To work out if the children in your world are ready to talk, listen carefully to what they say and the questions they ask. Even if you haven’t talked about climate change with them, chances are they will have heard about it from friends or at school. Download the guide.
For very young kids it’s best to talk about the environmentally friendly things you do every day like composting, riding a bike or catching a train. Share your love of nature with them.
For primary school aged kids it’s important to respond to their questions with simple and honest answers.
Acknowledge that climate change is a big problem, but one that you and many others are working to fix. Bring the conversation about climate change into everyday situations – like cycling instead of driving, choosing solar panels or going to rallies.
For older children: Most teenagers will know a fair bit about climate change. Some will want to talk through the issue, while others will feel overwhelmed or hopeless and want to avoid the topic altogether.
Taking action on climate change is an excellent way of dealing with the anxiety your teenager might feel. Listen to their ideas about how to protect our environment and help them to set goals, working through the steps they need to get started.
For kids of any age, it’s important to: show that many people are working to solve climate change.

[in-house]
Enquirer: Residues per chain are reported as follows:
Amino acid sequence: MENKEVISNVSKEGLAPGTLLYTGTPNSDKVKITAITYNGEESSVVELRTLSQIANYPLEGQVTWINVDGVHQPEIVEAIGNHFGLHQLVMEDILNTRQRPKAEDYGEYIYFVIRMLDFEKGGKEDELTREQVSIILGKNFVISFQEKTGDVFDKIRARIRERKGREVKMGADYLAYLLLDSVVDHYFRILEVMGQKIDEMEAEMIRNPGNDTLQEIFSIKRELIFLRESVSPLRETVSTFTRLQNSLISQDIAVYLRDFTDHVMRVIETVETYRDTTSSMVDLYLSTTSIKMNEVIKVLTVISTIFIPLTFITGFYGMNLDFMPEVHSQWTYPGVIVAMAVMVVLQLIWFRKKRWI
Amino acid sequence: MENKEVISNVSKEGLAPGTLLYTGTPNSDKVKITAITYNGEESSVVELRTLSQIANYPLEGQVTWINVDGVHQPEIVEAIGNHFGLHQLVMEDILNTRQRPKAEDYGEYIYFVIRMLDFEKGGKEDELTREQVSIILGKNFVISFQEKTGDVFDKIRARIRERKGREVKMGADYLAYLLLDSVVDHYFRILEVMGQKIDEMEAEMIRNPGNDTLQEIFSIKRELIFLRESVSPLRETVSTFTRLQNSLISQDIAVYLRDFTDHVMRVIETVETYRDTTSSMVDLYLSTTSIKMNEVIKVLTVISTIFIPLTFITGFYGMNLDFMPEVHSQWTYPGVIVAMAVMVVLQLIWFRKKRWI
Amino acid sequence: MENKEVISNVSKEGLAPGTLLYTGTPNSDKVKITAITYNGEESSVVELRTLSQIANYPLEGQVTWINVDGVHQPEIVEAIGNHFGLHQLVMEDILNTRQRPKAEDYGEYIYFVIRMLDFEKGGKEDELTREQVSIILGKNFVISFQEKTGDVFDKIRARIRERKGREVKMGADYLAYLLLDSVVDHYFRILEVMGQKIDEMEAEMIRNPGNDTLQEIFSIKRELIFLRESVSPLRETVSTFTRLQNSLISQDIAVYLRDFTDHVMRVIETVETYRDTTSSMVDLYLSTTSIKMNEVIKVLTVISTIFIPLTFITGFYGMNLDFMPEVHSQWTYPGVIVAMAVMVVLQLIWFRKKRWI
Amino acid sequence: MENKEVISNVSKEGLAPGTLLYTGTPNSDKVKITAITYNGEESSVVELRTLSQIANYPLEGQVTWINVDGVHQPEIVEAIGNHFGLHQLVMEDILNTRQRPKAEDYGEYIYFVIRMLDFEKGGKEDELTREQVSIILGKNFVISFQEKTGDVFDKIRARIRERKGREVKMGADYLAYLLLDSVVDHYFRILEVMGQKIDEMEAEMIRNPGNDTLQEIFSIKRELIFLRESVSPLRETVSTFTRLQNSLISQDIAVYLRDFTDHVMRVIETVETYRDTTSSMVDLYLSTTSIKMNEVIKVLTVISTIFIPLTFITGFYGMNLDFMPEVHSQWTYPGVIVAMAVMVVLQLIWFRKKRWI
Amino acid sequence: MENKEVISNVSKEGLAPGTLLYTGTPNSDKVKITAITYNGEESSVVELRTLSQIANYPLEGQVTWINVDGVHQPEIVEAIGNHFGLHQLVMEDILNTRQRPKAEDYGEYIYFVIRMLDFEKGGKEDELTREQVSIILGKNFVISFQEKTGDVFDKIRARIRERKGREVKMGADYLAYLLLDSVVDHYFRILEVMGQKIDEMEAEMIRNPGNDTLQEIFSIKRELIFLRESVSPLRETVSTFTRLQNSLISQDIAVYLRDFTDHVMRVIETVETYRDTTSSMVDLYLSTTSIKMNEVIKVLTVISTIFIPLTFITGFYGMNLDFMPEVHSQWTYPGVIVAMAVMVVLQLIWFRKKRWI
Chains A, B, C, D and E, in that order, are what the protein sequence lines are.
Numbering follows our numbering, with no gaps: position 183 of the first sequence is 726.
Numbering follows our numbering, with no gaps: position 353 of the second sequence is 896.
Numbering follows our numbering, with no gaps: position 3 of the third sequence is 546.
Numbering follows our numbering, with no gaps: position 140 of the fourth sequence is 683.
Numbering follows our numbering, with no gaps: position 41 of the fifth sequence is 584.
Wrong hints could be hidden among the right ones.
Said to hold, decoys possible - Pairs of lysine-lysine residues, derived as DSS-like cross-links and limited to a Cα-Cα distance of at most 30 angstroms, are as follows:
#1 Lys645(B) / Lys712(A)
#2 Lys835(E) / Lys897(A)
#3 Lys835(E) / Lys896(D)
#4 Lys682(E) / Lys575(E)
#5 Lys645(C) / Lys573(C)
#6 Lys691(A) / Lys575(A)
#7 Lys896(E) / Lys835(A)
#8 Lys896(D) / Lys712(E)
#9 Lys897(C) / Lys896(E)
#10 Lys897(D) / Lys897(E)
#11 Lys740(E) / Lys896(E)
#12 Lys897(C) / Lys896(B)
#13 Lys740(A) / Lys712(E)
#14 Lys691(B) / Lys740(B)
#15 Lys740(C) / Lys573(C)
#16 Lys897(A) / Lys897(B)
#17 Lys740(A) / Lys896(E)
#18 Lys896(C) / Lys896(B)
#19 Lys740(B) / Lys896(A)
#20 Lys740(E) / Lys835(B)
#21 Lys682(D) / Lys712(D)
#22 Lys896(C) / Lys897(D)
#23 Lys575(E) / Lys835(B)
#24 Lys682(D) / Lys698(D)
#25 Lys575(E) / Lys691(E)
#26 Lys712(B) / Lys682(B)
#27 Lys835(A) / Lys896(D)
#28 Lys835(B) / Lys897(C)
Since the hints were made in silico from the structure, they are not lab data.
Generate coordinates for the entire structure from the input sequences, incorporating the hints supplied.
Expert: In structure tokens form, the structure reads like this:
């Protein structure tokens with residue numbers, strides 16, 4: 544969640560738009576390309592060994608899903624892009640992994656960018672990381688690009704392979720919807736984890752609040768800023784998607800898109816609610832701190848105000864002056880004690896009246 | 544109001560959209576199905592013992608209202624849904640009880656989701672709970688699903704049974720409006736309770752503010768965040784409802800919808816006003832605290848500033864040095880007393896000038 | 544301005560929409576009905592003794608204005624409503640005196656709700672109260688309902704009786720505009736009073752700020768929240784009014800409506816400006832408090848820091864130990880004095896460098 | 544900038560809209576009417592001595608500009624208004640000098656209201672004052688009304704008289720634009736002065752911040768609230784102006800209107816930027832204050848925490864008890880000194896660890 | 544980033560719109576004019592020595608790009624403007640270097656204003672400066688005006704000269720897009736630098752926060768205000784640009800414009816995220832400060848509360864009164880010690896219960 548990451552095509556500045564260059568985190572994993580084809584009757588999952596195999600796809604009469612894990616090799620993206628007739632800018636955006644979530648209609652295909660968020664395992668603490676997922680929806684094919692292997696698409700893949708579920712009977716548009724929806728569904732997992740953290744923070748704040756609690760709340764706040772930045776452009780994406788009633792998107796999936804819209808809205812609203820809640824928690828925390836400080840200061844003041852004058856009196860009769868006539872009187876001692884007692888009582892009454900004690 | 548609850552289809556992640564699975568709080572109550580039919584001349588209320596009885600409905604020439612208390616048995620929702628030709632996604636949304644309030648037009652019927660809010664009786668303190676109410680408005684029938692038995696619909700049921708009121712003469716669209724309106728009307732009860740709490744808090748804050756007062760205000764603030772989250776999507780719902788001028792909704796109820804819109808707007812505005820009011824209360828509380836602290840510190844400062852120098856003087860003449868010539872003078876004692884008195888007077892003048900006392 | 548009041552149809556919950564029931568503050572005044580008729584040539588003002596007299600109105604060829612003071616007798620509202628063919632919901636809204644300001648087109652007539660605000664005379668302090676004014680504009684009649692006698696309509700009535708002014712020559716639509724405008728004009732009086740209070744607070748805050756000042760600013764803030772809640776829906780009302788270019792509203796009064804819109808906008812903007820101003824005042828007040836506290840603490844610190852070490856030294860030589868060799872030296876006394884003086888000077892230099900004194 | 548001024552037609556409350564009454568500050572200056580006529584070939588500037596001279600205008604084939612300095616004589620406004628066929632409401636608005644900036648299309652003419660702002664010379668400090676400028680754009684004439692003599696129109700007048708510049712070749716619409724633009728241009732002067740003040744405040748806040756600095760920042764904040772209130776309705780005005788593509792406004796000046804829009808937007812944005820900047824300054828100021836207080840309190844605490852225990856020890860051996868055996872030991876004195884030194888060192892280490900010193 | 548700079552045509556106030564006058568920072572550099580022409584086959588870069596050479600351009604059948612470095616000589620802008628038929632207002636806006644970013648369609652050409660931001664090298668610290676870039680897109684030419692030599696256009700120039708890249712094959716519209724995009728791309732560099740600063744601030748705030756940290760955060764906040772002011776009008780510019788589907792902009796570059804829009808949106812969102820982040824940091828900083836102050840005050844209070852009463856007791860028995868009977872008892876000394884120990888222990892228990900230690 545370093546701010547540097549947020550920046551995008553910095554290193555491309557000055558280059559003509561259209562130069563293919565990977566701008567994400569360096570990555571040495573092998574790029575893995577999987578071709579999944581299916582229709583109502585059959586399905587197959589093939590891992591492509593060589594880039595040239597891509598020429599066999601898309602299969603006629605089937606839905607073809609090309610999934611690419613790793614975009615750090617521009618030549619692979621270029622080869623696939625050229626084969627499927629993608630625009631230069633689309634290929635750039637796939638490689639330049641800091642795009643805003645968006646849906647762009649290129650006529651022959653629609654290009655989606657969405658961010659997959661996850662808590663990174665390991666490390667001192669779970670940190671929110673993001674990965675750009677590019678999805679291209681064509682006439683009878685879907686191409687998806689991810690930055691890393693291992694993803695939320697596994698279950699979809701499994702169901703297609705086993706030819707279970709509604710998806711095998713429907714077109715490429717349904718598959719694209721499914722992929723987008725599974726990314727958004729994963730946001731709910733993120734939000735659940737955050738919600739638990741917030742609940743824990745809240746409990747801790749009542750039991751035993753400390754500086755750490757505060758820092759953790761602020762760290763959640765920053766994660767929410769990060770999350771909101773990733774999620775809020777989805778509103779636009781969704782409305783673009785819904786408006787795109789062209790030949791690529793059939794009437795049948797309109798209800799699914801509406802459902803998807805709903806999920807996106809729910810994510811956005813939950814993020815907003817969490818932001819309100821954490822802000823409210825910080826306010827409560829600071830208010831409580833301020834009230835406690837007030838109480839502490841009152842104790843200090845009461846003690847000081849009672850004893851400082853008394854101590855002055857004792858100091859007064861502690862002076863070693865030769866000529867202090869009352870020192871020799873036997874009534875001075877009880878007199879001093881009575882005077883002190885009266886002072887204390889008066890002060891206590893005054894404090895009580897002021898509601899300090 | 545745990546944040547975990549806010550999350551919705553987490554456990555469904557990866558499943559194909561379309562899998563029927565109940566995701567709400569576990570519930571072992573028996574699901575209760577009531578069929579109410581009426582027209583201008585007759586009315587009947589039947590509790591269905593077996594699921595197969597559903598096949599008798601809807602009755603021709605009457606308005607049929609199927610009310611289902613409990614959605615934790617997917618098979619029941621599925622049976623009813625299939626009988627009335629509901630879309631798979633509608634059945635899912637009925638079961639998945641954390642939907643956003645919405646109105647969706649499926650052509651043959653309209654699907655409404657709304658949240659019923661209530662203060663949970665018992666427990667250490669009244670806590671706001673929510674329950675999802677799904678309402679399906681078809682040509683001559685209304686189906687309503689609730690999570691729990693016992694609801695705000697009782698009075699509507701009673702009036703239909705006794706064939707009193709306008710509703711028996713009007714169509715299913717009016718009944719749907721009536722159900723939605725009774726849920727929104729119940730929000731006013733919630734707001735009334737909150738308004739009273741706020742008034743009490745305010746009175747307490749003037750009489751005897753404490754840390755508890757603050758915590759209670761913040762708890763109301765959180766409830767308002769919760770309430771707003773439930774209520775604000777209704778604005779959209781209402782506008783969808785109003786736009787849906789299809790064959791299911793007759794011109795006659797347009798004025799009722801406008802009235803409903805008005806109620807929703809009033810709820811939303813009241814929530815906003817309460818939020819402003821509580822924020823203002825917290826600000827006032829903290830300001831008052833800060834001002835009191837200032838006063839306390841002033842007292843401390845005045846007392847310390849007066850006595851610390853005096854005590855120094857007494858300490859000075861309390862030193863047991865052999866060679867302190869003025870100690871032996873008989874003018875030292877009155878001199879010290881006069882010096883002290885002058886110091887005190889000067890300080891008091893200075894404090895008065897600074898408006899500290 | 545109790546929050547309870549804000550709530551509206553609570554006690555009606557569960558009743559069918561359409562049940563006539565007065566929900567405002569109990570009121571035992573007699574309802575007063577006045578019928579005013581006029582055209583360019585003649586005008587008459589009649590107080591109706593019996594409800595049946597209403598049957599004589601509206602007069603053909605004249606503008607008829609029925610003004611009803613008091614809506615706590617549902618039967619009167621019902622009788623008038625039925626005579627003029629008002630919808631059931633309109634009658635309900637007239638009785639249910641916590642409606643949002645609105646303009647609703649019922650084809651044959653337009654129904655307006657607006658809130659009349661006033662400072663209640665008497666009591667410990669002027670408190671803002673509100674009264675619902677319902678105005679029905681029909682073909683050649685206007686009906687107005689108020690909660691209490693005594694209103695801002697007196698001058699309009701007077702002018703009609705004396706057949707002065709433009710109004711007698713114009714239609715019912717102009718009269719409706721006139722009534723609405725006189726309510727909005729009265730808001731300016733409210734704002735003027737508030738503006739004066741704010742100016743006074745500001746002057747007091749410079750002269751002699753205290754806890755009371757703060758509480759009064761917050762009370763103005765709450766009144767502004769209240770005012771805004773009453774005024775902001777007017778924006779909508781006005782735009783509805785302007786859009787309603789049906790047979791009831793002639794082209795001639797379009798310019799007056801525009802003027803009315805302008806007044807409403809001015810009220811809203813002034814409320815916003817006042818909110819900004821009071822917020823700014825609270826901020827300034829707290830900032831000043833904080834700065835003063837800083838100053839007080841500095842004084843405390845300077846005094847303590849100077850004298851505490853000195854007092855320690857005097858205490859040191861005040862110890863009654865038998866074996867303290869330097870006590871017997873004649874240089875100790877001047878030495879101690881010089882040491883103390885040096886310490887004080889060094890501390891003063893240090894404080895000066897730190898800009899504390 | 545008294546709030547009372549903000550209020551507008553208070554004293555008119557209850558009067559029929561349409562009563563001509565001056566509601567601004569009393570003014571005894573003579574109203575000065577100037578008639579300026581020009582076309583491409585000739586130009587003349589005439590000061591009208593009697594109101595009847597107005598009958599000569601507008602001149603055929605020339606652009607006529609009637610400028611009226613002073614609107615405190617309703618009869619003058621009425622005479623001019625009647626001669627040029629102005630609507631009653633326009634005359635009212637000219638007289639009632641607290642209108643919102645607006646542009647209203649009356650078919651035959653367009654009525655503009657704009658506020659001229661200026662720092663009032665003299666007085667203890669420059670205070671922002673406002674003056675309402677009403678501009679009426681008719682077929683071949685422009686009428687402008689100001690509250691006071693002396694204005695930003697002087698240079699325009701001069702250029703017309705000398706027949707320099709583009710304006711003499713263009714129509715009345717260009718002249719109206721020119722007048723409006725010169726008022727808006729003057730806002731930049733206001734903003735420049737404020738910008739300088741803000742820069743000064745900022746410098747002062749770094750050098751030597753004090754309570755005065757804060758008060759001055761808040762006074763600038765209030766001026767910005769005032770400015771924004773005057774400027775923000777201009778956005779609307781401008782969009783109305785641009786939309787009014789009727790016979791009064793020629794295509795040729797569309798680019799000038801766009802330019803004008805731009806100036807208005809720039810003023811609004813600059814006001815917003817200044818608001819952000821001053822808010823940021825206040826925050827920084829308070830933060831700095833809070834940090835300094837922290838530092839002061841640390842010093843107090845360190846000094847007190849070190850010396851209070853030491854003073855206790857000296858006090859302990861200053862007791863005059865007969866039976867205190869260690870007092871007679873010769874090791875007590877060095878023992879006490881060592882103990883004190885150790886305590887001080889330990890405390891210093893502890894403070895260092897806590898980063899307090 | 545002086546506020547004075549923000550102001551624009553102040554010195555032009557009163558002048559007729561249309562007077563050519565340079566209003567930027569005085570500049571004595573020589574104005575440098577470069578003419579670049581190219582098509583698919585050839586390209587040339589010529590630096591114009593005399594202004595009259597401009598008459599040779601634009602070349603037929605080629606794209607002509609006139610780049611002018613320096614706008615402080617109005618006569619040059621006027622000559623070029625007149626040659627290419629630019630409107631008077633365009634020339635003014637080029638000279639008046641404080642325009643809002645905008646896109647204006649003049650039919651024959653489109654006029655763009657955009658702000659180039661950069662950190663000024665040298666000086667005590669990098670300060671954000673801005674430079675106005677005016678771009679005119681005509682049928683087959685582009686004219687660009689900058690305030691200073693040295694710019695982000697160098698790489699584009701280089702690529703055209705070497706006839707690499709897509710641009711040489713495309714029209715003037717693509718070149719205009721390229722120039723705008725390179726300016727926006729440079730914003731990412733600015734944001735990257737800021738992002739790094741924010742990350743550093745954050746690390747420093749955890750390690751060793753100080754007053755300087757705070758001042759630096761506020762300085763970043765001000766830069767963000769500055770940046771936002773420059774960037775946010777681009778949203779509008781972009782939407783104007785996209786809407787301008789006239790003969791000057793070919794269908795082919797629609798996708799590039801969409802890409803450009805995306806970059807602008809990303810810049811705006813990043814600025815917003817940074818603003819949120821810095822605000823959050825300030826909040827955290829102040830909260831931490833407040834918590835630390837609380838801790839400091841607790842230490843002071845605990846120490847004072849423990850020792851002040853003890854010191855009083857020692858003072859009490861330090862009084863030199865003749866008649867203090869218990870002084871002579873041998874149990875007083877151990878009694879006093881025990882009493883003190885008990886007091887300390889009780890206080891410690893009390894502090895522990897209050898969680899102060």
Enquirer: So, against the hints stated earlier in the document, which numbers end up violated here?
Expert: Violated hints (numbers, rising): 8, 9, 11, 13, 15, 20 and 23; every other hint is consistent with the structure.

Explain there are things that they can do to help – like writing letters, recycling, riding bikes instead of driving cars.
Show them how big problems in the past have been solved through many people working together.
Work out what you and your child can do to make a difference.
It's possible that you yourself might be managing feelings of anger, anxiety, sadness and fear about climate change.
It’s important to acknowledge your own feelings like you would your child’s, as a reasonable reaction to a big problem, and then find ways to cope. Some useful coping strategies are to:
Talk with friends
Spend time in nature
Or join an advocacy or community group.
Remember you don’t need to do all these things immediately or all at once, but doing something is important.
Remember you don't need to do all these things immediately or all at once, but doing something is important.
If you would like to print or keep a version of this How do I talk to my kids about climate change? guide you can download it.